The final stage of asset tracking included sticking with what worked from Part II and then solving its issues. Thanks to even more technological innovations, asset tracking has reached the stage where companies can place hardware devices on their assets and have the device automatically report the required information (time, location, landmarks, etc.). Technology like EZ Fleet Tracking’s EZ-660BAT has revolutionized the process of fleet tracking. By utilizing this device, the asset’s required information gest updated by the attached device itself in time intervals (this product reports twice a day) and gives notifications when the device moves out of its assigned location. Now, no human interaction is necessary, and continuous, 24/7 monitoring/tracking takes place. “All Assets” can see his speakers arrived with the night update, and in the morning, he wakes up with a notification on his phone that the speakers are in a new location, and he can see that location too. So, the stolen speakers can be retrieved thanks to the EZ-660BAT.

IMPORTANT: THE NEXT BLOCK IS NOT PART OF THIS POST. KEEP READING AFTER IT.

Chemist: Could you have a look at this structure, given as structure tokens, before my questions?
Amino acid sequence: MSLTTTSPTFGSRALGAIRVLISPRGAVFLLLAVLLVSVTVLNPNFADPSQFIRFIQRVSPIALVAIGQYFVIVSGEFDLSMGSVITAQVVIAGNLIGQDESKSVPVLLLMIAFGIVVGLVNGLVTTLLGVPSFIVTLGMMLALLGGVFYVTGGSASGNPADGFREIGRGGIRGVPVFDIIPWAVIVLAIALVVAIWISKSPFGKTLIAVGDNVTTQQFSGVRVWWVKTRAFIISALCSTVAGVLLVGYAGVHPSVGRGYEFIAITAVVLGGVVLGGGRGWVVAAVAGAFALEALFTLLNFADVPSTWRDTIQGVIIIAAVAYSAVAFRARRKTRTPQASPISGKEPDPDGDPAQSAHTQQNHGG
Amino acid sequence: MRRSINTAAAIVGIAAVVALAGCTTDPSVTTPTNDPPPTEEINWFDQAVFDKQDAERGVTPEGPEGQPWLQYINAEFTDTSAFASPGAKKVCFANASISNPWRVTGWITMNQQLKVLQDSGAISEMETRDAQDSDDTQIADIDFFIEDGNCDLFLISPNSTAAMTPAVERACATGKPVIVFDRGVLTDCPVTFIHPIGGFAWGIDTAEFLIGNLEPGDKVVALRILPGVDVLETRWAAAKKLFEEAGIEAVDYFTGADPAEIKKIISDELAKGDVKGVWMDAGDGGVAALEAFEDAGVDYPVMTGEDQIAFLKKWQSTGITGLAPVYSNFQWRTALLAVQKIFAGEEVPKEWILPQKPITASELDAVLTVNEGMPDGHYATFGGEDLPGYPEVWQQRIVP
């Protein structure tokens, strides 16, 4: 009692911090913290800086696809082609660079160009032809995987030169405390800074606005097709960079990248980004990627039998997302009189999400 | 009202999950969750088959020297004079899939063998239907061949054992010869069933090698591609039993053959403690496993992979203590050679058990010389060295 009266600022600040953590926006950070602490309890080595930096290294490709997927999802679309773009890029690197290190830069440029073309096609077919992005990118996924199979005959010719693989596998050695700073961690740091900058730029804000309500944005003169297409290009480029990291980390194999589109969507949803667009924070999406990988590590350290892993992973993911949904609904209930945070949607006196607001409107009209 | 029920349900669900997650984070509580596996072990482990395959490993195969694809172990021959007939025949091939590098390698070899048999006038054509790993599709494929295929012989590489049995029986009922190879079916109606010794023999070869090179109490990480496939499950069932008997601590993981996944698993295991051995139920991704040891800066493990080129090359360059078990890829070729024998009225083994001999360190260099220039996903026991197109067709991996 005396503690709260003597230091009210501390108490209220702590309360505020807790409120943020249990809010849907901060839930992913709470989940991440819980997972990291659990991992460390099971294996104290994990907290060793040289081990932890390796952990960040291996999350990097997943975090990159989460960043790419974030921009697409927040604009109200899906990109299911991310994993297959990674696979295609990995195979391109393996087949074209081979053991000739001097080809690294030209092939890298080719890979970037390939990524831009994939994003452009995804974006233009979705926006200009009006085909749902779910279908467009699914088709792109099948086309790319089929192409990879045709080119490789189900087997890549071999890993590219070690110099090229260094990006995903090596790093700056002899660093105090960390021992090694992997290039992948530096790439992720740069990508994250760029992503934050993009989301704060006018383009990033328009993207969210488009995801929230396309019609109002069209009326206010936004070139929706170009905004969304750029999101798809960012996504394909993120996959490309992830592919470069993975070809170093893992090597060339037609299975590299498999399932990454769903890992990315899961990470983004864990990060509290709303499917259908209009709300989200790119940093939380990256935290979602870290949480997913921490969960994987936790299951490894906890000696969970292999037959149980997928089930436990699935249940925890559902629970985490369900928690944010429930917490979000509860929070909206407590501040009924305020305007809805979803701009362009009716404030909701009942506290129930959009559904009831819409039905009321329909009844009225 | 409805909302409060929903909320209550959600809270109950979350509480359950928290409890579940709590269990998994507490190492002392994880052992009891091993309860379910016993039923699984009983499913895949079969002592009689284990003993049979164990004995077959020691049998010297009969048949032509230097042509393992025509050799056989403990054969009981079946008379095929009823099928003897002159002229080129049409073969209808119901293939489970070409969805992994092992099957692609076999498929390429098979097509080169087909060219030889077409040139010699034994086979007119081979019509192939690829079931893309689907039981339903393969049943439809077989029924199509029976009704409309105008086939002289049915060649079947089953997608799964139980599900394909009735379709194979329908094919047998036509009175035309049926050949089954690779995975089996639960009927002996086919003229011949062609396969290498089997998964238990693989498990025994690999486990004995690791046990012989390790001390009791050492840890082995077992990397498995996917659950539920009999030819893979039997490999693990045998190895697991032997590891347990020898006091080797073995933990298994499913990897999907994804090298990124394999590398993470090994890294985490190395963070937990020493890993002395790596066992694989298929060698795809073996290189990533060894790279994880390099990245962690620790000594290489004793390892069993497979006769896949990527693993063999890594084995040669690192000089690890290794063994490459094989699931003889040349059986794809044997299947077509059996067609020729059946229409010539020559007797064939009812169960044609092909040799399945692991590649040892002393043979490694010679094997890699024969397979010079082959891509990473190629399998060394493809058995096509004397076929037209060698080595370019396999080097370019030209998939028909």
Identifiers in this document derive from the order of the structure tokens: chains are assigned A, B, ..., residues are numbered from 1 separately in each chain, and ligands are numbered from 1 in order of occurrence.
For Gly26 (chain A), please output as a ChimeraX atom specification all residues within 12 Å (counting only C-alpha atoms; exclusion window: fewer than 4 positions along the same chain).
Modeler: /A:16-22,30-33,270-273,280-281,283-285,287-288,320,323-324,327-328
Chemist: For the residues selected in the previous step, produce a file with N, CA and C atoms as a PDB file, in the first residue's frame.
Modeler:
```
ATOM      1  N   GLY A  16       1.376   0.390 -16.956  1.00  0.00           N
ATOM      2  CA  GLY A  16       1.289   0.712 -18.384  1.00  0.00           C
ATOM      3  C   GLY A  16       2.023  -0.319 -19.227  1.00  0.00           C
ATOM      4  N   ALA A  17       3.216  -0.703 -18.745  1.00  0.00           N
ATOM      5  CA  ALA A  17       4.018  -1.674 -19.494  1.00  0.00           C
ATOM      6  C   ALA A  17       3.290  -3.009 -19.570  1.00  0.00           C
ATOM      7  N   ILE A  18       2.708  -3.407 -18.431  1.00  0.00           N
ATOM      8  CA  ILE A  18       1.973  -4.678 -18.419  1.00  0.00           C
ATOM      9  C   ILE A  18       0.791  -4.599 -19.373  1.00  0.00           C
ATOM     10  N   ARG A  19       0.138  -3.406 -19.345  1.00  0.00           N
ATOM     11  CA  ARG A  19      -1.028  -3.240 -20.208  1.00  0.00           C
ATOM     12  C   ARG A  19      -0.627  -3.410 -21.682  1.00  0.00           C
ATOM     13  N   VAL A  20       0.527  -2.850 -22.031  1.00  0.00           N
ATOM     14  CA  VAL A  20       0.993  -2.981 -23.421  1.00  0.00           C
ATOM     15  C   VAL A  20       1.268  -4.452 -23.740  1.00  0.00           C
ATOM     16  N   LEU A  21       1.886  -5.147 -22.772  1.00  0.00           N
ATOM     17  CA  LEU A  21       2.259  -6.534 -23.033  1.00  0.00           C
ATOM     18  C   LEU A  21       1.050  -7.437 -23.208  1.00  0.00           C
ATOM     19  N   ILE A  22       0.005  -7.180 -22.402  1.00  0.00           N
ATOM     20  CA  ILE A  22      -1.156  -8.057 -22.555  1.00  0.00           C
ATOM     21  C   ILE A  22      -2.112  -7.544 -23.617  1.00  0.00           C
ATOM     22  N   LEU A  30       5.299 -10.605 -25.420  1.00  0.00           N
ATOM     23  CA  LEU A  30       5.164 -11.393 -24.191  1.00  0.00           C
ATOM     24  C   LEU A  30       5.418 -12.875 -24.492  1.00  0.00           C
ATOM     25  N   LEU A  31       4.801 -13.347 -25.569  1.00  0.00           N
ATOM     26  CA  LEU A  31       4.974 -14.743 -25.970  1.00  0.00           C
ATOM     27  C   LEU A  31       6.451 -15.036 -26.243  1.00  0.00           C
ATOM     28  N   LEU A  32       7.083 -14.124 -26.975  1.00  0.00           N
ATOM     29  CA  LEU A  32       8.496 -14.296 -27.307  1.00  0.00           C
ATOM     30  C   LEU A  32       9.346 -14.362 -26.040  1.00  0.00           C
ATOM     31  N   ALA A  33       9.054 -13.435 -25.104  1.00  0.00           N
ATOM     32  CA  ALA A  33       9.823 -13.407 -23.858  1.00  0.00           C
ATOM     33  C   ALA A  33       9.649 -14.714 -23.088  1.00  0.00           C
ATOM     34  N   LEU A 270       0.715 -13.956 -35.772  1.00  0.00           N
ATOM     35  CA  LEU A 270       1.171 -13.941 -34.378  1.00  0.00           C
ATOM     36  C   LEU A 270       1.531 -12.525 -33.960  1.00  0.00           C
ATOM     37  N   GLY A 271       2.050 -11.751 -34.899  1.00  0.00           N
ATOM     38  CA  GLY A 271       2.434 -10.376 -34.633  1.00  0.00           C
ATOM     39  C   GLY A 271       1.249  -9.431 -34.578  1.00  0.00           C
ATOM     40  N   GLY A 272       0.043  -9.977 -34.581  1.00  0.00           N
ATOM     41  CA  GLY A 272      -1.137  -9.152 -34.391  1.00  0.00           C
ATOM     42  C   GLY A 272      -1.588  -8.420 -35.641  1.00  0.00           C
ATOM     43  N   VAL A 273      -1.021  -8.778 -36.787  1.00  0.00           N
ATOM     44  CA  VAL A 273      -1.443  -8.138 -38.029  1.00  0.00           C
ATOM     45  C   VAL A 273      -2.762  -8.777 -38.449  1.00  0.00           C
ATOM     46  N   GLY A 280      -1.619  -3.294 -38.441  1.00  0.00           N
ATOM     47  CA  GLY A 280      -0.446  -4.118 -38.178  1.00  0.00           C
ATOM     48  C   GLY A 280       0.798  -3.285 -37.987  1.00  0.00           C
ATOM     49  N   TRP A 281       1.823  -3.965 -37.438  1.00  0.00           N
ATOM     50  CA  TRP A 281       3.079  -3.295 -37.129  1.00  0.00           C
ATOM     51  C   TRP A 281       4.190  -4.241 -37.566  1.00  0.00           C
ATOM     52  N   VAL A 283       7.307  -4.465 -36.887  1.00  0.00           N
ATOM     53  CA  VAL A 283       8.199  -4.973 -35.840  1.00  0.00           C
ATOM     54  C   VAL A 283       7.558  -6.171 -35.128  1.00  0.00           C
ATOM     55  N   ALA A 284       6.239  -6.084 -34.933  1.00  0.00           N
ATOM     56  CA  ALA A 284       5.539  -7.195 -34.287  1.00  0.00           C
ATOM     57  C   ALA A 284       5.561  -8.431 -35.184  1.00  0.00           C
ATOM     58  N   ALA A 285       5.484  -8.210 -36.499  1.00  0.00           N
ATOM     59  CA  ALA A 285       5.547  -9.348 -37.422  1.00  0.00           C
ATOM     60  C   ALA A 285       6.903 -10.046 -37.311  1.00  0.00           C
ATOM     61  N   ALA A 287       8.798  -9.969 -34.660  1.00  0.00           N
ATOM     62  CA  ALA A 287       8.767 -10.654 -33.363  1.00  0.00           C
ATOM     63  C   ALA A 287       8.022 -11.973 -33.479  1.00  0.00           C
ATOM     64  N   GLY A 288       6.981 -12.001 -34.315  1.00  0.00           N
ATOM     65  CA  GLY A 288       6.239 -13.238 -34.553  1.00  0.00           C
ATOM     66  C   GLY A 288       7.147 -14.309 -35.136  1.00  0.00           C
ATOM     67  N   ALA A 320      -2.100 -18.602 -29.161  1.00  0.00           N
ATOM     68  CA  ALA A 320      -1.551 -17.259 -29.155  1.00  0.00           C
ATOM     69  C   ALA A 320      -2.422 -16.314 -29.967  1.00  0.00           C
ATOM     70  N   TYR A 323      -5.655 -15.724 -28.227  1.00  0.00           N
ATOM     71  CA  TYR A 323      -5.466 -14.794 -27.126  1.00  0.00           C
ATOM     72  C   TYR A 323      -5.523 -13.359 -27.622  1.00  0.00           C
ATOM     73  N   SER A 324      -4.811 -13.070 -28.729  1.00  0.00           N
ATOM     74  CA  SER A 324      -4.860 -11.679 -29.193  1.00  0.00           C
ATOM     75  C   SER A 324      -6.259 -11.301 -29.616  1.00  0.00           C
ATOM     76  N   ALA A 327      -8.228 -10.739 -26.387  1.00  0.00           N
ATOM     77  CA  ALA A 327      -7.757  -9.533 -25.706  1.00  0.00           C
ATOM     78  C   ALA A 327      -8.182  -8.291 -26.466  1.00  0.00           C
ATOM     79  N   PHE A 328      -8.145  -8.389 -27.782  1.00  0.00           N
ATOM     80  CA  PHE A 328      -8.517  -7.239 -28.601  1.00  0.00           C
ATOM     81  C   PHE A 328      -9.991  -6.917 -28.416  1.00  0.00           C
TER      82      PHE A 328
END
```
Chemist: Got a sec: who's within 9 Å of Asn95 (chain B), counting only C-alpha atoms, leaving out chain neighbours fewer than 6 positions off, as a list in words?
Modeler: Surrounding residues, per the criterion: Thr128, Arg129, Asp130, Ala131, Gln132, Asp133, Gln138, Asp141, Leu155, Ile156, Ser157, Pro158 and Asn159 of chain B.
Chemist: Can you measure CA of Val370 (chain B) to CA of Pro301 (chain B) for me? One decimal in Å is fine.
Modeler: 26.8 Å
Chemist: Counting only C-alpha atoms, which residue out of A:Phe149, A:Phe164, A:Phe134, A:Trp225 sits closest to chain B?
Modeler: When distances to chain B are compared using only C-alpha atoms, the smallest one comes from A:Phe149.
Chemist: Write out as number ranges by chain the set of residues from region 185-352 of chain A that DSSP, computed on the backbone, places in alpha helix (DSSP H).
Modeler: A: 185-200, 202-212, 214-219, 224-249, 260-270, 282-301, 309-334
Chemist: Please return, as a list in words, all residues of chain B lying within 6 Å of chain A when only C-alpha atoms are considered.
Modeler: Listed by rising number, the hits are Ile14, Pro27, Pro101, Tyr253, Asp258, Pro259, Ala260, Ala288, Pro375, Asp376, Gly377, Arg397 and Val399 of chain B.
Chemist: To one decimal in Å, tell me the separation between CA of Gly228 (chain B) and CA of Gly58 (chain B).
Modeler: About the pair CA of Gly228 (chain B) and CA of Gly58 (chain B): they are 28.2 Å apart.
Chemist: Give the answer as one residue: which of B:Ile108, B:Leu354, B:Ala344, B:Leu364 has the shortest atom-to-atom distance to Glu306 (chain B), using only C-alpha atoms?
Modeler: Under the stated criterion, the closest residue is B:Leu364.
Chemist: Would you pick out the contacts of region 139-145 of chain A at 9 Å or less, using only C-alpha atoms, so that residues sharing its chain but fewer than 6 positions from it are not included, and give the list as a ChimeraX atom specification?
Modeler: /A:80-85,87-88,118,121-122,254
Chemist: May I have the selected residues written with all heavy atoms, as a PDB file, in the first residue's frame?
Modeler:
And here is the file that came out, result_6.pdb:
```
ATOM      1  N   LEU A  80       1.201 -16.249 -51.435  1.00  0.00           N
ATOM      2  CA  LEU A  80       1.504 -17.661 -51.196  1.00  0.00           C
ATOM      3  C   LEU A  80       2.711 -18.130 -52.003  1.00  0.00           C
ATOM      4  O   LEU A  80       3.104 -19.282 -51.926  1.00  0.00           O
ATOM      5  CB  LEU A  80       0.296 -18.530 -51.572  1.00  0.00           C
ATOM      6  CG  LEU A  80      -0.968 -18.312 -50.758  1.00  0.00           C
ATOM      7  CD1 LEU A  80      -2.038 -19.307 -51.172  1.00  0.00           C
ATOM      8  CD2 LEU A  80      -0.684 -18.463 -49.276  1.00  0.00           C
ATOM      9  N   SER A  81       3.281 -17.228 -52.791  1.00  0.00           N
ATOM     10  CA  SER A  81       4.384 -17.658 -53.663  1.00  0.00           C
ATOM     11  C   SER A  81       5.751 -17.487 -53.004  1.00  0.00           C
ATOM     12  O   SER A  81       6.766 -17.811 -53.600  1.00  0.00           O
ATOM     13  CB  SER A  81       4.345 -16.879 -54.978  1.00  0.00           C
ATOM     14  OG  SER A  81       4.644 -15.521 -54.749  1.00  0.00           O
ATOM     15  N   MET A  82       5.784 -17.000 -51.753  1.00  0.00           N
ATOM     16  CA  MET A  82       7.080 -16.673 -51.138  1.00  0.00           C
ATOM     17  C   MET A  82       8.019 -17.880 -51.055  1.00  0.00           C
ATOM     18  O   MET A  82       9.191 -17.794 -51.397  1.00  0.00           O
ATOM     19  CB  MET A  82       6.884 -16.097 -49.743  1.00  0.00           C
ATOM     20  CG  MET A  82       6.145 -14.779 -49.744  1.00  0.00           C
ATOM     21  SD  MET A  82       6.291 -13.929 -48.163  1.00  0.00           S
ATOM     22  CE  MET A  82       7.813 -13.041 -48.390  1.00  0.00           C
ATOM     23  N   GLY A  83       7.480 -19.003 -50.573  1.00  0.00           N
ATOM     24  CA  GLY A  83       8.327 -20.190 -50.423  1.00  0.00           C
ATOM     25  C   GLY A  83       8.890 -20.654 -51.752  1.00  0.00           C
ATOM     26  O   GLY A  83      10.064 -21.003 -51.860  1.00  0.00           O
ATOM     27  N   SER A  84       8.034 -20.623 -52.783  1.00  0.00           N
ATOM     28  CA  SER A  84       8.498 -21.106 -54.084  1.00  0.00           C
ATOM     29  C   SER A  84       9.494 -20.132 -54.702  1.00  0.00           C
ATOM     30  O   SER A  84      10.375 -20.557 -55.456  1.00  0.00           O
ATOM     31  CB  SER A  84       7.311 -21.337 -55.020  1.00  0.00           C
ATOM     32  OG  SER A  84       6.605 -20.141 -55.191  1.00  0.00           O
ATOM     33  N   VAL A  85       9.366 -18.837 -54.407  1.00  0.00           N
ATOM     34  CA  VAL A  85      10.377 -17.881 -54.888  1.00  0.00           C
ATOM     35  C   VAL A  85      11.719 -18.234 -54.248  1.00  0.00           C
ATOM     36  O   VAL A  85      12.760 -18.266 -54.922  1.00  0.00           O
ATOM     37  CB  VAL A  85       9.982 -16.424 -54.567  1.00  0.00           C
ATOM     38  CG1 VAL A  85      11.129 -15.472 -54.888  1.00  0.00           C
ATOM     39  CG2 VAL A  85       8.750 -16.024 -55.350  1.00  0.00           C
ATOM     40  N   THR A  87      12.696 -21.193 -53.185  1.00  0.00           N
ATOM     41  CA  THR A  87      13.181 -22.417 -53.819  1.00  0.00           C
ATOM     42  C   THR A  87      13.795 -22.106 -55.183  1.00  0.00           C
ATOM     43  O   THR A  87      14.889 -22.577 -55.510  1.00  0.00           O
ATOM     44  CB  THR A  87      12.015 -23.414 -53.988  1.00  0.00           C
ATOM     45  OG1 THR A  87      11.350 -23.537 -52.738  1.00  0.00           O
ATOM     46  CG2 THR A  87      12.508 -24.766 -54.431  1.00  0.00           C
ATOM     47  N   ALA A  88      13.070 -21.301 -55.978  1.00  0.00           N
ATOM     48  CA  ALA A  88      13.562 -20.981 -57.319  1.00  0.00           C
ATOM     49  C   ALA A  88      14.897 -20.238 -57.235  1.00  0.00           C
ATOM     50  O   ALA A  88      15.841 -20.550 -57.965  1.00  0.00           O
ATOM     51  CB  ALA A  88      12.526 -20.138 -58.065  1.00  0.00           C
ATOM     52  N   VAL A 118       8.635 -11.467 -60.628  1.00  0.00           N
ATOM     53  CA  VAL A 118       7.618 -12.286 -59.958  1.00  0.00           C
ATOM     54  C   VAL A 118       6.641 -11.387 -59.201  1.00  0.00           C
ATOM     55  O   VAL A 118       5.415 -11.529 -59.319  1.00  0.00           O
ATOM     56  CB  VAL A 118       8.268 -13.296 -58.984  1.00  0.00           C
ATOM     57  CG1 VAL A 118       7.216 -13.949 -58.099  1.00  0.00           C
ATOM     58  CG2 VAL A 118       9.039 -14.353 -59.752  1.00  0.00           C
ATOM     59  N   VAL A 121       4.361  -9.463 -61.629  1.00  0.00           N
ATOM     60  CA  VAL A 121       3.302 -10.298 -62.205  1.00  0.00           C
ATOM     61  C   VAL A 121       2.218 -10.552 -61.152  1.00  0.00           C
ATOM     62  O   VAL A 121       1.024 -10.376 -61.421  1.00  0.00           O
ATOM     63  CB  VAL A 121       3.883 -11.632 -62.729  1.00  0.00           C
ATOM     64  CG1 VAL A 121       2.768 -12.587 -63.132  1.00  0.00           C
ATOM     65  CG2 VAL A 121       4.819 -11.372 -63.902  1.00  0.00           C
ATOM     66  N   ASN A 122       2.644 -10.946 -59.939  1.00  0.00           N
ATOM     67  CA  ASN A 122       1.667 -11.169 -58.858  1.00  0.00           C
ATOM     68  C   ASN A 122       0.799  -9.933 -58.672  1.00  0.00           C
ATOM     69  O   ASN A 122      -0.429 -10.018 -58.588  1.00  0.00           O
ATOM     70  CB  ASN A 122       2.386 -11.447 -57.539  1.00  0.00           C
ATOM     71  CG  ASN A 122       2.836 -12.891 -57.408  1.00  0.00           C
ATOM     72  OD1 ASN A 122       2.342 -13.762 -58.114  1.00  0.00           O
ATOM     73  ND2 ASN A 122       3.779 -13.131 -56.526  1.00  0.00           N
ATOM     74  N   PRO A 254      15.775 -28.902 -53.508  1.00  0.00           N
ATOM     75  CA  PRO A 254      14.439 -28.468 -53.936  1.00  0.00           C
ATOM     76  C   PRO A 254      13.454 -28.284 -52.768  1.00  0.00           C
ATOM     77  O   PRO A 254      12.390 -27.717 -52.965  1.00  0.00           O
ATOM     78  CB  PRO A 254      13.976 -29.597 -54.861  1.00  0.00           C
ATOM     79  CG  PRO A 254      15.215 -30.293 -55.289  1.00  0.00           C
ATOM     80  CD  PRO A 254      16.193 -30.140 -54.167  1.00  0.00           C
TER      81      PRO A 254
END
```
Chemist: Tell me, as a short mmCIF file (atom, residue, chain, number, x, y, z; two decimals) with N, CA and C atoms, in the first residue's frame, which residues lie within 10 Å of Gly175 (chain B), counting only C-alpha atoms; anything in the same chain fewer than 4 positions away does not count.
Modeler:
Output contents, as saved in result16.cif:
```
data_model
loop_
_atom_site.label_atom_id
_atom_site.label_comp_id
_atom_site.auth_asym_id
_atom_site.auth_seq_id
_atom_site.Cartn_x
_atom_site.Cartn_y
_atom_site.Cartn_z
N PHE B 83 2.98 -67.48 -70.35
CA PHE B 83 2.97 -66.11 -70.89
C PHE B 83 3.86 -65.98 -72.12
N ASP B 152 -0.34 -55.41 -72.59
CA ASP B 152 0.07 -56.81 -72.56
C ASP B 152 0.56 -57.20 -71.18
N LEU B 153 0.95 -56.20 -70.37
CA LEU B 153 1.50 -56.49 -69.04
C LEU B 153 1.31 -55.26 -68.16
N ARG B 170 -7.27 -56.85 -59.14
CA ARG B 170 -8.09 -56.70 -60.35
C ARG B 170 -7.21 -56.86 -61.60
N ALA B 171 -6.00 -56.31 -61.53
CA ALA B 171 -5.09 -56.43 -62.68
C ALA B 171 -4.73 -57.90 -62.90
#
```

Another benefit of this progression is that the EZ-660BAT does not require power and sustains harsh weather conditions. The device is battery operated with a four-year battery life, and easy replacement. Now, the connection can never be corrupted by weather or bad service/power outages, ensuring accurate, consistent asset tracking. “All Assets” will never have to worry about his speakers again and save lots of money doing so.


Conclusion

Asset tracking is an essential operation for many types of businesses. From DJ’s like “All Assets” to portable storage companies like “PODS”, to even construction companies, asset tracking helps alleviate the time and stress of lost assets and save vast amounts of money doing so. Devices such as the EZ-660BAT allow for consistent, accurate asset tracking and greatly help companies keep the things that make them great.